Kelley creates art for a cause

By Lisa Capobianco
Staff Writer
From murals to handmade puzzles to holiday greeting banners and cards, students involved with the Kelley Elementary School Art Club have made a variety of projects since 2013, using their creativity for a good cause.
Consisting of about 45 students ranging from first to fifth grade, the club, called “Art for a Cause,” has donated the projects each month to local charities and organizations with the goal of inspiring happiness in those who need it.
“A lot of them are really creative,” said Clare Bean, who leads the club with fellow parent Kim Rees. “It is hard to give their art away, but they do it willingly.”
Art for a Cause recently created hand-crafted birds made from all materials, including sequins, buttons, lace, yarn and feathers. The project, called “Inspiration to Soar,” was designed not only to show the talents of the young artists, but also to inspire the community to make a difference. Throughout the month of May, an exhibit of the birds will be displayed in the windows in the café area of Southington Public Library. Members of the community will be free to purchase them online through The Isthmian Gallery, an organization that empowers youth by allowing their artwork to be a way to raise funds for charities they support.
Each member of the art club chose a specific charity for the proceeds to benefit. For fifth grader Devin Soper, choosing the YMCA’s Camp Sloper scholarship fund from the proceeds means giving her peers an opportunity to have a fun experience at Camp Sloper.
“It has helped me,” said Devin, who has attended Camp Sloper for the past two years. “It helps kids who can’t afford camp.”
Second grader Braden Barron said he selected the Ben Buckley Foundation to benefit the proceeds of his bird, since he played baseball with the 7-year-old who passed away earlier this year from a severe asthma attack. The Ben Buckley Foundation helps fund scholarships and other educational opportunities in memory of Ben.
“We both played baseball on the same league,” said Braden, adding that out of all the art projects he has created, he enjoyed making the birds the most.
Third grader Alyssa Polverari also chose a charity to benefit her peers. The proceeds of her project will support Angelman Syndrome Foundation, an organization that helps individuals with Angelman Syndrome and their families. Angelman Syndrome (AS) is a neurodegenerative disorder that mirrors symptoms and characteristics of autism and cerebral palsy, reported the foundation’s website.
“It is important for other kids to be happy,” said Alyssa, adding that working on the birds has been her favorite project too.
Formed in January 2013, “Art for a Cause” originated from an Asset Building Classroom (ABC) survey administered by the STEPS coalition. The results of the survey revealed a particular interest in an extracurricular art activity. Funded by donations from club members’ parents and a grant from the Joe and Kay Calvanese Foundation last fall, “Art for a Cause” chooses a different project each month. The club also received a portion of funding from a donation that Kelley School received from JoAnn Fabrics.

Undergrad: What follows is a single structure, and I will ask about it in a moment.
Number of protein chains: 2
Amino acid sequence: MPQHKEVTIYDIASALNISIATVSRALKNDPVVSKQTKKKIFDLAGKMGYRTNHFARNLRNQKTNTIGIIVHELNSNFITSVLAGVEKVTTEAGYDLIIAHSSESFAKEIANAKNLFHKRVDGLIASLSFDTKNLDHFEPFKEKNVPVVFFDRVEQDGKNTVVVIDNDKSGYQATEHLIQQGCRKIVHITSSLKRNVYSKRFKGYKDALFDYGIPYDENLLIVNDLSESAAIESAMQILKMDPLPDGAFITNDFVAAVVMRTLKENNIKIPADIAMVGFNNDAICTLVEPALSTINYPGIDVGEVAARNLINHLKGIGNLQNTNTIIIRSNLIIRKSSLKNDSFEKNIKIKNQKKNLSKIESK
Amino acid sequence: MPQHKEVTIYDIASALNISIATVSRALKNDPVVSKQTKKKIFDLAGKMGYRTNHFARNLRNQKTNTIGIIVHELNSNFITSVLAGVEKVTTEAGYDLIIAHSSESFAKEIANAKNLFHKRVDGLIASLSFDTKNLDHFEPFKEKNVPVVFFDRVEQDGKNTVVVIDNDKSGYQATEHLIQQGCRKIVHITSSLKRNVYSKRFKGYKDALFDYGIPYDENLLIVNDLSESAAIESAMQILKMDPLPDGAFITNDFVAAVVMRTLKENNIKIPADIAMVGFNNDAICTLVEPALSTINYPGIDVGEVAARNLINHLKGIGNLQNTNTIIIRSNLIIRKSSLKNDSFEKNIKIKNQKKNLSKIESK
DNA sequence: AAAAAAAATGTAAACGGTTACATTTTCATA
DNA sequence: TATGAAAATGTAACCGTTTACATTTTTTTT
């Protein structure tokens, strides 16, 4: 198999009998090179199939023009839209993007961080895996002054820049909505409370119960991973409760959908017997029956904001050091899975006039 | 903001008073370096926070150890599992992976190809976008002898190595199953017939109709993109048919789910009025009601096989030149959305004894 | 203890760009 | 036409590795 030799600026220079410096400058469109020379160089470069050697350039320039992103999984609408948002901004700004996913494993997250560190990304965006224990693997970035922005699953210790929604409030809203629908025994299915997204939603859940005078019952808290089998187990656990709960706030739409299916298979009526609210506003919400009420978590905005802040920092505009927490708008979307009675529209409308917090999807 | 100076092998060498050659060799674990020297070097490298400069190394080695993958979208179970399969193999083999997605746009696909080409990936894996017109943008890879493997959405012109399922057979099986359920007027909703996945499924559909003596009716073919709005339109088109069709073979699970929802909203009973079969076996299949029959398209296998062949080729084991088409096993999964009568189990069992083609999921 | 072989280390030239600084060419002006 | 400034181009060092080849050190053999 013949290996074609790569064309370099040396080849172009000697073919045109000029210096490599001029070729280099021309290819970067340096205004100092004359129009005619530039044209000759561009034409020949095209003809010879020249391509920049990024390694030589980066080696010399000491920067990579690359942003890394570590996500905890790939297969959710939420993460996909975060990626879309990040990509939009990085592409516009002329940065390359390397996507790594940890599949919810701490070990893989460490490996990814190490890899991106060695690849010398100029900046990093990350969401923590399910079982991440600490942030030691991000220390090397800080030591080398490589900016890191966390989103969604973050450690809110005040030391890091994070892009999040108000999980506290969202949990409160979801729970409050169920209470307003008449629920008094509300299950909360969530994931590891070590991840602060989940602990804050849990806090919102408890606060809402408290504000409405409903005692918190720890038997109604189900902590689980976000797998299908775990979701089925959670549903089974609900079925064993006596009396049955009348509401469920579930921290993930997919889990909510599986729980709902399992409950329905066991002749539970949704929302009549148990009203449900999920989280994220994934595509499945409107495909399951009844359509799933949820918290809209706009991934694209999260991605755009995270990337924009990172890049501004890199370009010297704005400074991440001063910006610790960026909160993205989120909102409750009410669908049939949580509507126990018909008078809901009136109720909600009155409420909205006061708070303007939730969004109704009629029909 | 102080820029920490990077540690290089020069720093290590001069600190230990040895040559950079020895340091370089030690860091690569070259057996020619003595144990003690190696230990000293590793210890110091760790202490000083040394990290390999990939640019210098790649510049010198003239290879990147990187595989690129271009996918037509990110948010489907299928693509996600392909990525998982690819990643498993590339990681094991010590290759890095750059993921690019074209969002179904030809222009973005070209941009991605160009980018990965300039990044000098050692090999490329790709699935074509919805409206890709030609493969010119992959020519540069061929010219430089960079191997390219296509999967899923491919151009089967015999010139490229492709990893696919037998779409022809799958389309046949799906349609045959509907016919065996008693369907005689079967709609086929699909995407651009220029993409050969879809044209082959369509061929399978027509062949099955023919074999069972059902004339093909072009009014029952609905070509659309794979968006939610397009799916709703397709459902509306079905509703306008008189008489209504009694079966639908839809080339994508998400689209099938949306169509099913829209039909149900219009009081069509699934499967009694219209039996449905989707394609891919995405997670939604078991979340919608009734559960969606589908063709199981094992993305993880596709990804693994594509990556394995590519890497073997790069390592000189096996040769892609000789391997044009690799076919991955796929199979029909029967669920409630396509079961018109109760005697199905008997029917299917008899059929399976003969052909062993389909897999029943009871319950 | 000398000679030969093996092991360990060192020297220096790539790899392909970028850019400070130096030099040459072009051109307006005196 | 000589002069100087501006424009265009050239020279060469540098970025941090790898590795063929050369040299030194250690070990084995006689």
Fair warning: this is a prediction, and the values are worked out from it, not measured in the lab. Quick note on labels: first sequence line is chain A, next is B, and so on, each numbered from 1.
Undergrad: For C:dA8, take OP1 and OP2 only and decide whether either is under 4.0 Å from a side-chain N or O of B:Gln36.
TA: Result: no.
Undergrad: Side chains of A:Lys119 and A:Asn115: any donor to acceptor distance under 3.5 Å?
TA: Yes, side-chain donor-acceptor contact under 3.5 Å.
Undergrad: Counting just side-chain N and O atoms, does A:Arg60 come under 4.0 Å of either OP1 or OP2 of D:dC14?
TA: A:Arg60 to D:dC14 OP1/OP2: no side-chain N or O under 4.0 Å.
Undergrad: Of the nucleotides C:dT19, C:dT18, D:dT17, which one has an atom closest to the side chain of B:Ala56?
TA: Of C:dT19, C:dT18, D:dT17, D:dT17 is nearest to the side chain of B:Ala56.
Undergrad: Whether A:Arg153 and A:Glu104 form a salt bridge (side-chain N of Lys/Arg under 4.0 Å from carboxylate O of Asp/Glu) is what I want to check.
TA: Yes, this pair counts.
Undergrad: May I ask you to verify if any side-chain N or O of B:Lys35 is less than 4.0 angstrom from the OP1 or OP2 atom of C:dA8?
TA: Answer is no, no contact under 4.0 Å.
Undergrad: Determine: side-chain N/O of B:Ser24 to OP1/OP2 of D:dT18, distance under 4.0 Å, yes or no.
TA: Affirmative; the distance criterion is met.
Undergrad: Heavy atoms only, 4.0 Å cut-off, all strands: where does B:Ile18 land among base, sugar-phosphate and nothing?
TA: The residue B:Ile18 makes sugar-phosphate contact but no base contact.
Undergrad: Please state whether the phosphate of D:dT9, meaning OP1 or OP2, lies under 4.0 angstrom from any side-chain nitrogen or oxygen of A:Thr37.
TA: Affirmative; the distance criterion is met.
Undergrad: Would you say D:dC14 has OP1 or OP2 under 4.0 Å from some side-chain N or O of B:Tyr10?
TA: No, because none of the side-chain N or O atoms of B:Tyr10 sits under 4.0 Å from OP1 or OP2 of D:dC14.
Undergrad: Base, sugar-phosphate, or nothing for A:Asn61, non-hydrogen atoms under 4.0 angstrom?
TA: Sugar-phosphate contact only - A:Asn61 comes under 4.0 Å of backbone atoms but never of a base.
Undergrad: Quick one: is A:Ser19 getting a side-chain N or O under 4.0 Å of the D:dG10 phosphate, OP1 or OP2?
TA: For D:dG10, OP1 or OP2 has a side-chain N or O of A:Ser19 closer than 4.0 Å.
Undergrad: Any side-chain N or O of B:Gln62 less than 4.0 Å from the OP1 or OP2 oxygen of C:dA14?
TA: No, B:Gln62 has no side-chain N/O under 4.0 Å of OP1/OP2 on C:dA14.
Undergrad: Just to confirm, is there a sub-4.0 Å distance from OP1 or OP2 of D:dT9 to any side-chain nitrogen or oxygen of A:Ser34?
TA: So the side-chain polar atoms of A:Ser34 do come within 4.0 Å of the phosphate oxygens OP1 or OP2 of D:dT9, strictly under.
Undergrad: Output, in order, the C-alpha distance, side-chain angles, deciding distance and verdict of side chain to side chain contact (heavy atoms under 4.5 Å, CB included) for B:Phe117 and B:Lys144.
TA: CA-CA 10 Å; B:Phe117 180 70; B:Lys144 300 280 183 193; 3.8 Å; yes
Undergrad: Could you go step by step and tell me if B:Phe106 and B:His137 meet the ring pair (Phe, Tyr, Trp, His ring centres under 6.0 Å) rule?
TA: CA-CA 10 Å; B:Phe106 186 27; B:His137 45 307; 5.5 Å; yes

Run by parent volunteers who are a part of the ABC Club, “Art for a Cause” has combined students’ passion for art and community service, which serves as one of the 40 developmental assets that STEPS adopted, according to fifth grade teacher Josie Rogala of Kelley School. From creating placemats for residents at Mulberry Gardens to cards for the residents of The Summit Nursing Home to holiday greeting banners at the Bradley Campus of The Hospital of Central Connecticut, students have donated their projects to all individuals in Southington and other surrounding areas.
“Students have gained assets especially in the areas of service to others, positive peer influence, caring school climate, planning and decision making, just to name a few,” said Rogala. “These clubs give students choices that directly impact their personal interests and strengths, as well as create a positive relationship with our surrounding community organizations.”
Rees added that the club has not only helped guide students in their imagination, but has also “helped them form friendships and self-confidence” through teamwork. Through collaboration, the students created five large murals with oil pastels that will be displayed and auctioned off in June at the library. They have also created bonds with incoming kindergarteners, who received personalized tote bags from the club during orientation.
“I hope they learn the joy of doing art and the joy of learning how to reach out beyond themselves,” said Bean, adding that the club has also inspired parents, who devote their time helping out during the meetings.
“If they have an opportunity to reach out in a way that excites them, it will be more long-lasting,” added Rees, who has two children in the art club herself.
The “Inspiration to Soar” exhibit will be displayed from May 1 to May 30. Members of the community can make their bid on the Isthmian Gallery’s website. Bidders will also have the opportunity learn more about the young artist who made the birds for a particular charity organization in a binder that will be displayed in the library.

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